Titolo: The Jews among the Greeks and Romans: A ...
Casa editrice: Johns Hopkins University Press
Data di pubblicazione: 1998
Legatura: Soft cover
Condizione libro: New
Brand New, Unread Copy in Perfect Condition. A+ Customer Service!. Codice inventario libreria ABE_book_new_0801859387
As one of the few groups in the Greco-Roman world to resist cultural assimilation, the Jews remained an object of fascination throughout antiquity. Greek and Roman writers devoted much space to them, but few bothered to learn the facts about Jews, preferring to report stereotypes and rumor. Evidence does exist, however, to show what real Jews were like in antiquity and how they interacted with the Greeks and Romans, both pagan and Christian.
In The Jews among the Greeks and Romans, Margaret Williams assembles, assesses, and contextualizes literary and archaeological evidence relating to Jewish communities outside the land of Israel. The sourcebook covers the period beginning with the Diaspora that resulted from the chaos of Alexander the Great's death in 323 BCE and concluding with the demise of the Jewish Patriarchate around 420 CE. This was a time which saw, first, the rapid opening up of opportunities for Jews and then, in the century after Constantine, the gradual but inexorable raising of barriers against them.
Newly translated from the Greek and Latin, the documents cover a broad array of topics, including religion, customs, festivals, repression, citizenship, military service, economics, intermarriage, and conversion from Jew to Gentile and Gentile to Jew. While previous collections have concentrated on literary texts, the present volume gives prominence to papyrological and epigraphic source material. Composed in accordance with Greco-Roman epigraphic conventions but written by Jews, these texts?some only recently discovered?constitute an extraordinarily rich source of information about the values and practices of Jews in antiquity.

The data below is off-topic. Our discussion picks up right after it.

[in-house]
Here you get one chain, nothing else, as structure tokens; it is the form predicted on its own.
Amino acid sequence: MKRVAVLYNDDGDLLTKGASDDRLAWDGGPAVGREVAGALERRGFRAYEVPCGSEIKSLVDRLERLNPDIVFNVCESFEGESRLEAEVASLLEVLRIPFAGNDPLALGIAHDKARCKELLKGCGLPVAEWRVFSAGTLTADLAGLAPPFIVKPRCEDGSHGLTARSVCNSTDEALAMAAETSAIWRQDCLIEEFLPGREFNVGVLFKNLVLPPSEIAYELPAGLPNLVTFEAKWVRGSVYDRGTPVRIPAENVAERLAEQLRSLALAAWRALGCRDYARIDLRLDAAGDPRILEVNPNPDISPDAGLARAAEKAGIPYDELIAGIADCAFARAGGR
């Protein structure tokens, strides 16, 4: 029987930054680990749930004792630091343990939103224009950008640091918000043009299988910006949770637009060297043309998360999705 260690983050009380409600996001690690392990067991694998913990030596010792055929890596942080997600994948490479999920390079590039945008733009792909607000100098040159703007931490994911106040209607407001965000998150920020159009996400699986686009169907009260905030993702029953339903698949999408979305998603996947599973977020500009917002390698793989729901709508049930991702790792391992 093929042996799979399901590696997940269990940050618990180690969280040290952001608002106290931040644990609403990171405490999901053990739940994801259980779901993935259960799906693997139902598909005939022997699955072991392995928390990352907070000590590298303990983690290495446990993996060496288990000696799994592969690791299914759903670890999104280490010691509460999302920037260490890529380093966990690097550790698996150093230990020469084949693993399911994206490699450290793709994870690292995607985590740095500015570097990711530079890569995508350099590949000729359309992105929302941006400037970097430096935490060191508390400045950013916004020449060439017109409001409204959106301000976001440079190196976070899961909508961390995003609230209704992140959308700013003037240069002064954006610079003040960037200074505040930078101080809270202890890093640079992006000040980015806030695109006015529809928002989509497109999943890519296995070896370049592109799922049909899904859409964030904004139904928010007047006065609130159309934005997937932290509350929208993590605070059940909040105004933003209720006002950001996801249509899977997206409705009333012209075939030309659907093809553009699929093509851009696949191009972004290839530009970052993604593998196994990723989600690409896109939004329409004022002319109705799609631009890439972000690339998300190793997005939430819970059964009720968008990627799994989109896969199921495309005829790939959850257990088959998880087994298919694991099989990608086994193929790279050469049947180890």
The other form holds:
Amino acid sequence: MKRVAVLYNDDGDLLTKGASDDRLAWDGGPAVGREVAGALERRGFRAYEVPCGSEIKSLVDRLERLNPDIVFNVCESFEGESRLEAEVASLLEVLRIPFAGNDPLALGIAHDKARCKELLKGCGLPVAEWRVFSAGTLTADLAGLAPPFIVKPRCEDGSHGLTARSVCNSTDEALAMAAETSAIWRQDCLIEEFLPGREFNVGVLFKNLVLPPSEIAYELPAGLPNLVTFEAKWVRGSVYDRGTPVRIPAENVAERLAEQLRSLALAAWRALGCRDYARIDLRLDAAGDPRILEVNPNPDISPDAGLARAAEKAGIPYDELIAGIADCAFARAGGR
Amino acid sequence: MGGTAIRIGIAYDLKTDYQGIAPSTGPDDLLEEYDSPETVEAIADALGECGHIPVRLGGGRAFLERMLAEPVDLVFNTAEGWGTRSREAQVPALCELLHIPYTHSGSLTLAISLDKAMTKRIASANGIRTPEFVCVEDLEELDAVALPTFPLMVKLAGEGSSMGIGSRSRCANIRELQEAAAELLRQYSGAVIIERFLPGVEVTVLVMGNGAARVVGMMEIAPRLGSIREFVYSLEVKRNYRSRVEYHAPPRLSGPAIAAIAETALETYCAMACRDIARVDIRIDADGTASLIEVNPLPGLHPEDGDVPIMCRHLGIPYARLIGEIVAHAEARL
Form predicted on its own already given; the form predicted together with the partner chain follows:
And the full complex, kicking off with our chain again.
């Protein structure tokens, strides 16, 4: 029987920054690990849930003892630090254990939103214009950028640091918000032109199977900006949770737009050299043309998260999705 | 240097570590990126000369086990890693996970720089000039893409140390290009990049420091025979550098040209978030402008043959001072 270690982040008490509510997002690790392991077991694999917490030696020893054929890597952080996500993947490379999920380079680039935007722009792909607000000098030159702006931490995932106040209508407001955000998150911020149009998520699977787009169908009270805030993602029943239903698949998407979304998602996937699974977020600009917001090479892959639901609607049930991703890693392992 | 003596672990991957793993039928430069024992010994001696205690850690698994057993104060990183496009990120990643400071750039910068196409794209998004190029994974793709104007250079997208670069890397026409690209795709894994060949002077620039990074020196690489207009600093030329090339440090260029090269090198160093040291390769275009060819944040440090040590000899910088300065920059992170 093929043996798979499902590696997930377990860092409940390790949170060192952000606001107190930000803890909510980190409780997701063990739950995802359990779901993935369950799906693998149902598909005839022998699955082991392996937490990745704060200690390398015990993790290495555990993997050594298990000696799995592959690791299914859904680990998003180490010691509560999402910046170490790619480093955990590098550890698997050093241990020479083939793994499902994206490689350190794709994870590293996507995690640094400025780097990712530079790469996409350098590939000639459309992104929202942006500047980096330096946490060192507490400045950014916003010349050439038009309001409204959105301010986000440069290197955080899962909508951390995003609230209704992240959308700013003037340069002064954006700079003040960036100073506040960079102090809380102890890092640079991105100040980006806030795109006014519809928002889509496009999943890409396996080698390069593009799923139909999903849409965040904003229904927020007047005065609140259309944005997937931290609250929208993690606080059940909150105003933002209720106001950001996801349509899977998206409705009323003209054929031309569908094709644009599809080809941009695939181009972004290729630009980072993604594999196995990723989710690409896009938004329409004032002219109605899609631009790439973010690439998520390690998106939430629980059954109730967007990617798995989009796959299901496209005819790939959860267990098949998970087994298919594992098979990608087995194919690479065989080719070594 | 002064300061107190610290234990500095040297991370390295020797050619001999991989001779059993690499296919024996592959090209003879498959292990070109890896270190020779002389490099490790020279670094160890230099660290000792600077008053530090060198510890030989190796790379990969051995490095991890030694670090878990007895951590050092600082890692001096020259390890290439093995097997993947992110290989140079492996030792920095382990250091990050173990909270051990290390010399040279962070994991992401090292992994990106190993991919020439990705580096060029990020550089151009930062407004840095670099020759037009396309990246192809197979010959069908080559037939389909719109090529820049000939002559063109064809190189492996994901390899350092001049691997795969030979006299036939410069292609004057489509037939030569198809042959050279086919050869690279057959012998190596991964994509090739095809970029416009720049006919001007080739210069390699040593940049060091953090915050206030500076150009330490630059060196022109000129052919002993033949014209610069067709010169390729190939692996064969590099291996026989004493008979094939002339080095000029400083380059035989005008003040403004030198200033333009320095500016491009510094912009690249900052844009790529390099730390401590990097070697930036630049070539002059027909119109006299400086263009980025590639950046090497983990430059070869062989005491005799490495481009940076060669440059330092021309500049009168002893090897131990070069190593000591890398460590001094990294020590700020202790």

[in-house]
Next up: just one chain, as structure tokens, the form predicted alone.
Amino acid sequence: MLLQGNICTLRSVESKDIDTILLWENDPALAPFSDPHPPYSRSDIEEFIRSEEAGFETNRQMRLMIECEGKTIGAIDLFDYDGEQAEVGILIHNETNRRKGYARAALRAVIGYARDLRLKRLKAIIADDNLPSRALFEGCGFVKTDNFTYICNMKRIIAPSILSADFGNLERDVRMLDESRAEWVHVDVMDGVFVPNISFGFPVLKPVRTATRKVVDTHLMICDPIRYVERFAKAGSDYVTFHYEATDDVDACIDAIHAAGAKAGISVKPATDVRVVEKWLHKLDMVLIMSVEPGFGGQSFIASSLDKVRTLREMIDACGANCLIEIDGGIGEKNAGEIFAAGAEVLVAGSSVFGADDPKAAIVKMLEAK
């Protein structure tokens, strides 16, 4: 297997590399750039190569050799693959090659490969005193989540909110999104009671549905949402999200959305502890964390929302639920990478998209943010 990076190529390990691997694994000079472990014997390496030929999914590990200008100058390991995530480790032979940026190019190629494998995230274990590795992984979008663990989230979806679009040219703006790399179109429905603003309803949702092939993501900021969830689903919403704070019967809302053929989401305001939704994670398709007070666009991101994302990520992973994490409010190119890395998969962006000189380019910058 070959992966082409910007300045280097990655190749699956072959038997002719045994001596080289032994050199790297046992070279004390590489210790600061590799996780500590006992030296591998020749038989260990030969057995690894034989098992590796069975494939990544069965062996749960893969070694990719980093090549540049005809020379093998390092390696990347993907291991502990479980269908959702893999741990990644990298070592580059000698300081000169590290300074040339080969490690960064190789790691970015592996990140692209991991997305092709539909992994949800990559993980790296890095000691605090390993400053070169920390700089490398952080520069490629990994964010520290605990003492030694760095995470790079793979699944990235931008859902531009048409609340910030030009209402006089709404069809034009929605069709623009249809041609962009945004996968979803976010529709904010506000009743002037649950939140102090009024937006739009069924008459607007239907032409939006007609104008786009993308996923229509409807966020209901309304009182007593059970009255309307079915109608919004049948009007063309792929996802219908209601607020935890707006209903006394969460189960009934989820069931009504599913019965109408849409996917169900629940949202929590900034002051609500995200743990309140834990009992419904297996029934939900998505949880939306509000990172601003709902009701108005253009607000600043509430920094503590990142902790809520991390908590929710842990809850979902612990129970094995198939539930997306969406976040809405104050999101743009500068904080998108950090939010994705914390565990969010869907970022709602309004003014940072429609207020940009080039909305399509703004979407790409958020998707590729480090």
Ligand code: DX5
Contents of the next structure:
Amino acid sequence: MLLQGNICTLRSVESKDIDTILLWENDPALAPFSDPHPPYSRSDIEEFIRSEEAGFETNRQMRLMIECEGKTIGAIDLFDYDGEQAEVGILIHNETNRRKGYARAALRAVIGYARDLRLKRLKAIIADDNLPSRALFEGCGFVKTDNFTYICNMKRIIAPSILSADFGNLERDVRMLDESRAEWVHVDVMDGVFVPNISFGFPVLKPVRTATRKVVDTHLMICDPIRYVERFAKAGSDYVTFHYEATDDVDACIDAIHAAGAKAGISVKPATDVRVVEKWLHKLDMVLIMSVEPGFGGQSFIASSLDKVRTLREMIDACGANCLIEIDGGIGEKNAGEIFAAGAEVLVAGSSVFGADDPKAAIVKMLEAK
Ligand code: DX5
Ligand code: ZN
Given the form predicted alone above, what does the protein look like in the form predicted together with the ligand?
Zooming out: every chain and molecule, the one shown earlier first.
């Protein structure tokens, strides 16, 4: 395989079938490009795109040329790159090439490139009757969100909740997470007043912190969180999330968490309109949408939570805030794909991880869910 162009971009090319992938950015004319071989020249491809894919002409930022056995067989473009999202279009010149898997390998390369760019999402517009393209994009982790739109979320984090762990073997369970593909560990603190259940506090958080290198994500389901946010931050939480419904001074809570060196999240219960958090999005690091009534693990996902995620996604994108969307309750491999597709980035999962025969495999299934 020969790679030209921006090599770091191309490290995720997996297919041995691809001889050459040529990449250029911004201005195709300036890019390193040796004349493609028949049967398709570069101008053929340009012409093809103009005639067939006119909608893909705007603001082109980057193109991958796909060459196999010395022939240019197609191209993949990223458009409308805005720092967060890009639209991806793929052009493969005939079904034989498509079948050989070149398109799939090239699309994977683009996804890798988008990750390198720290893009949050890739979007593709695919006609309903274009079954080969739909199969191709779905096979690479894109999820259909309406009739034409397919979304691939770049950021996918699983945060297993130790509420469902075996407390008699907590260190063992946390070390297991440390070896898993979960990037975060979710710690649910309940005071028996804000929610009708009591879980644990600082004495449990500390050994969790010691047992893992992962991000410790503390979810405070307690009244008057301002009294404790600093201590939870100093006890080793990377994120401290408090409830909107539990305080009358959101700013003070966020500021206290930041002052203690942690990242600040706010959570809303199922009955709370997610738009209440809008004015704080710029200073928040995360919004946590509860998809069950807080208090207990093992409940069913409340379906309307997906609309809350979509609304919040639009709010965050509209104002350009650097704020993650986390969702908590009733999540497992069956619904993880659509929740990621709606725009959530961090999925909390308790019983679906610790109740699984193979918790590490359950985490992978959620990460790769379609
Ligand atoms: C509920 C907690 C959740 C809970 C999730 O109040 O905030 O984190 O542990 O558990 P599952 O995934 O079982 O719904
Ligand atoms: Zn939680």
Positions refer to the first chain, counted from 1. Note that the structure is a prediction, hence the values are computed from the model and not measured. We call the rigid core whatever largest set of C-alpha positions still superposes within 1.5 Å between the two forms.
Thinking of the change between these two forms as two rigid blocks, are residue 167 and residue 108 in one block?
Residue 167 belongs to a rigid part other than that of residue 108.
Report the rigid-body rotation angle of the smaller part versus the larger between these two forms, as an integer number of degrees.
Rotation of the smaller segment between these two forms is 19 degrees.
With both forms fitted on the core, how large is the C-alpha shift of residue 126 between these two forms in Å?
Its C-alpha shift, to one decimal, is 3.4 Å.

Recensione: In the aftermath of Alexander the Great's death in 323 B.C. and the resultant civil war among claimants to his throne, writes historian Margaret Williams, many Jews left Judea and settled in the Hellenistic cities of the eastern Mediterranean. During the Pax Romana and the various campaigns in Judea in the 1st century A.D., the Diaspora spread even further--to Spain, the Crimea, and the interior of Europe. They recorded their travels; so, too, did various chroniclers of the Roman Empire. Williams gathers their testimonies in this primary-source reference work, which touches on matters such as the establishment of synagogues in Jewish townships, Jewish interaction with Greek and Roman authorities, and funerary customs, among many other topics. --Gregory McNamee
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